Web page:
• Start getting rid of the big items that won’t be coming with you. While this may mean you’re working with less surface area for a couple of weeks, it will help you strategize how to transport the items you’re saving. If you planned a moving sale, it should happen around this time.  
  • Allow employees to begin boxing up their offices. Be prepared with plenty of boxes, tape and markers. Ask employees to keep their boxes in their offices to keep hallways clear. Everything, including furniture, should be clearly marked with the employee’s name, department and new room number if possible.  
  • Create your technology plan to make sure every computer, printer and cord is accounted for. Use colored tape for hard-to-label items like cords.
  • Remind employees of what’s expected during the day of the move and anything they’ll be required to transport on their own. Include moving-day dress code and start time.
  • File your change of address form at the post office and begin notifying vendors and clients of your new location.
  • Make sure the utilities — including internet — are up and running in the new space, so you’re ready to work right after the move.

Moving day: I hope you’re wearing comfortable shoes!

  • Set up your phones and an email autoresponder right away. Don’t even try to keep up with messages today.
  • Bring breakfast and coffee for the movers and employees — trust me, you’ll need it.
  • Have a stock of small boxes or bags for found objects that don’t make it into a packed box. Use tape to label where the item came from in the old office.
  • If you have a large office or many people coming in and out, assign someone to the front door as quality control. The last thing you need is a stranger walking off with a computer because you thought they worked for the moving company.  
  • Have a plan for furniture transport and assembly, especially if you’ve purchased new desks and chairs. If this will take several days, schedule it over a weekend so employees aren’t working from the floor.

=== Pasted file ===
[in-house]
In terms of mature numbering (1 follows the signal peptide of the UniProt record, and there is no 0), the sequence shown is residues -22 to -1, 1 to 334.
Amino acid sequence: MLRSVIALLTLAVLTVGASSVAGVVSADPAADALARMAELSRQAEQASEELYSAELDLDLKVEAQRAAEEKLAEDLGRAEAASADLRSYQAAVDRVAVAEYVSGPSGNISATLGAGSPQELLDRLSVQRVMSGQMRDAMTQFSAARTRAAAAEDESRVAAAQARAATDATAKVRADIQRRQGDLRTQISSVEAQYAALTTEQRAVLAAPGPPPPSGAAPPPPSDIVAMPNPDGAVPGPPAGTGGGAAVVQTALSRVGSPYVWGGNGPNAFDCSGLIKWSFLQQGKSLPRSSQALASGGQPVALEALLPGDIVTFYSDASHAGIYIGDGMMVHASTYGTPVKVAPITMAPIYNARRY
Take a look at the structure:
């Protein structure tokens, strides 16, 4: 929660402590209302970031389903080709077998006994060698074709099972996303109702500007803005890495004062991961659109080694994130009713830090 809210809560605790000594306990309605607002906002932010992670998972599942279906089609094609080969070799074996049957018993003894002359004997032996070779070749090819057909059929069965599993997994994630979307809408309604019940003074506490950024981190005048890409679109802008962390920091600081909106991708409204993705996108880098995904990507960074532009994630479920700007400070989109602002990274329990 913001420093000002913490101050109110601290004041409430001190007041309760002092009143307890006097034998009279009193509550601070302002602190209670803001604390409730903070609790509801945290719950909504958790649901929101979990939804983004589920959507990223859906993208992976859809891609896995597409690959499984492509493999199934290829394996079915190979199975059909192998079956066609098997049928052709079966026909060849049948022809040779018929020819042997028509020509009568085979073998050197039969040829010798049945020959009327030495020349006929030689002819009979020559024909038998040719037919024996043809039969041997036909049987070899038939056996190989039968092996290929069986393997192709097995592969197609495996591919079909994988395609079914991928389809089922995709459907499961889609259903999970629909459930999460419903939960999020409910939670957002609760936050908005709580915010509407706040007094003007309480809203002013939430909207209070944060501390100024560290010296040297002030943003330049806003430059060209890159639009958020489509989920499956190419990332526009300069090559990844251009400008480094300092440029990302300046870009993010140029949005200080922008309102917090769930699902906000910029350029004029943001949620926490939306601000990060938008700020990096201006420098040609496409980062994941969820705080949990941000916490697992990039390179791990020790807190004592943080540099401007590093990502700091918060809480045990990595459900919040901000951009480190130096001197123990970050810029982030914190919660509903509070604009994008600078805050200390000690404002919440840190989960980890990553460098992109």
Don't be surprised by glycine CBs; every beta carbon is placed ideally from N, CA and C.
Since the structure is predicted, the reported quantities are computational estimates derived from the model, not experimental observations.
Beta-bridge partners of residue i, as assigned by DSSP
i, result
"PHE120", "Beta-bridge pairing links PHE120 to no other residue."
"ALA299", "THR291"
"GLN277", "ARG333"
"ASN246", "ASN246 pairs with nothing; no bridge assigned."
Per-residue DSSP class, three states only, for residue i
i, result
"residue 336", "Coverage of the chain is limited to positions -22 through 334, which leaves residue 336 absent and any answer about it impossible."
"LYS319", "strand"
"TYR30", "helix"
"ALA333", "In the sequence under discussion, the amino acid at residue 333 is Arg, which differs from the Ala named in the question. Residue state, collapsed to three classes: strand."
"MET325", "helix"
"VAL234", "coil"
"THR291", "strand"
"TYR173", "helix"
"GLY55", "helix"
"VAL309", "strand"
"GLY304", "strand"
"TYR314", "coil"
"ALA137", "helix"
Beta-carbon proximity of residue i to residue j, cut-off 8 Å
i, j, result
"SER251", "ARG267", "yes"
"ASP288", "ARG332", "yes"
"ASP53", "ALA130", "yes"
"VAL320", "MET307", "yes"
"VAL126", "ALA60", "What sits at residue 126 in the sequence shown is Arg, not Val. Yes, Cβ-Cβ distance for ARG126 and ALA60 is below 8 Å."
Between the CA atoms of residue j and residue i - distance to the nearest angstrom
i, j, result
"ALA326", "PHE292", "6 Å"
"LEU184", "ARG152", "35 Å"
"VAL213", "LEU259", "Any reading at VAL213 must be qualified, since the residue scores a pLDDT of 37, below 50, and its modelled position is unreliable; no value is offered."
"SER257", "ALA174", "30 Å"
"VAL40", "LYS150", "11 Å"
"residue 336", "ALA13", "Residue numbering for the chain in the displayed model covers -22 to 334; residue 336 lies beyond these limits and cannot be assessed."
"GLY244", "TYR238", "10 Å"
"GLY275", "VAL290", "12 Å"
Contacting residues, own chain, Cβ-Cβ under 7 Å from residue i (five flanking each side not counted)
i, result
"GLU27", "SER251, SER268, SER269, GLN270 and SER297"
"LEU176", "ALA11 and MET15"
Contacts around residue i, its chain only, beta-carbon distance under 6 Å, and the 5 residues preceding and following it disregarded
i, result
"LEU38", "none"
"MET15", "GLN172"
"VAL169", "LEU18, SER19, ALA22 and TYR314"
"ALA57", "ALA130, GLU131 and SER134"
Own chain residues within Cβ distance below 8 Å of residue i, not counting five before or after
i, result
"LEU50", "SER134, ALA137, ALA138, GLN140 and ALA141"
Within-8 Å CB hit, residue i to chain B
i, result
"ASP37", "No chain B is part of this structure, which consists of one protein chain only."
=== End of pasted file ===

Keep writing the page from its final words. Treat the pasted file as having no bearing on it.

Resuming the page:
Whew! We’re done, right? Well, not just yet. In the week following your move, there are some things to be completed before you’re completely settled in.

  • Continue to update people and agencies of your new address. If you can, get friendly with the management company or new tenants of your old space, and check in for packages every few days for the first week after you move.
  • Send out the bulk of those “We’ve moved!” postcards.
  • Update your website with your new contact information.
  • Keep some tools around for assembling odd furniture, hanging pictures and cleaning the new space.
  • Send out an email to all employees detailing who to speak with if they need a trash can, something broke during the move, their printer is suddenly on the fritz, etc.
  • Designate a central location in the new office where boxes and packing materials can be dropped off as employees unpack.
  • Celebrate your successful move with coffee at the office or an informal happy hour to show your appreciation!

Moving is rarely fun. But when you begin with a plan in mind, the entire process can be much easier to manage.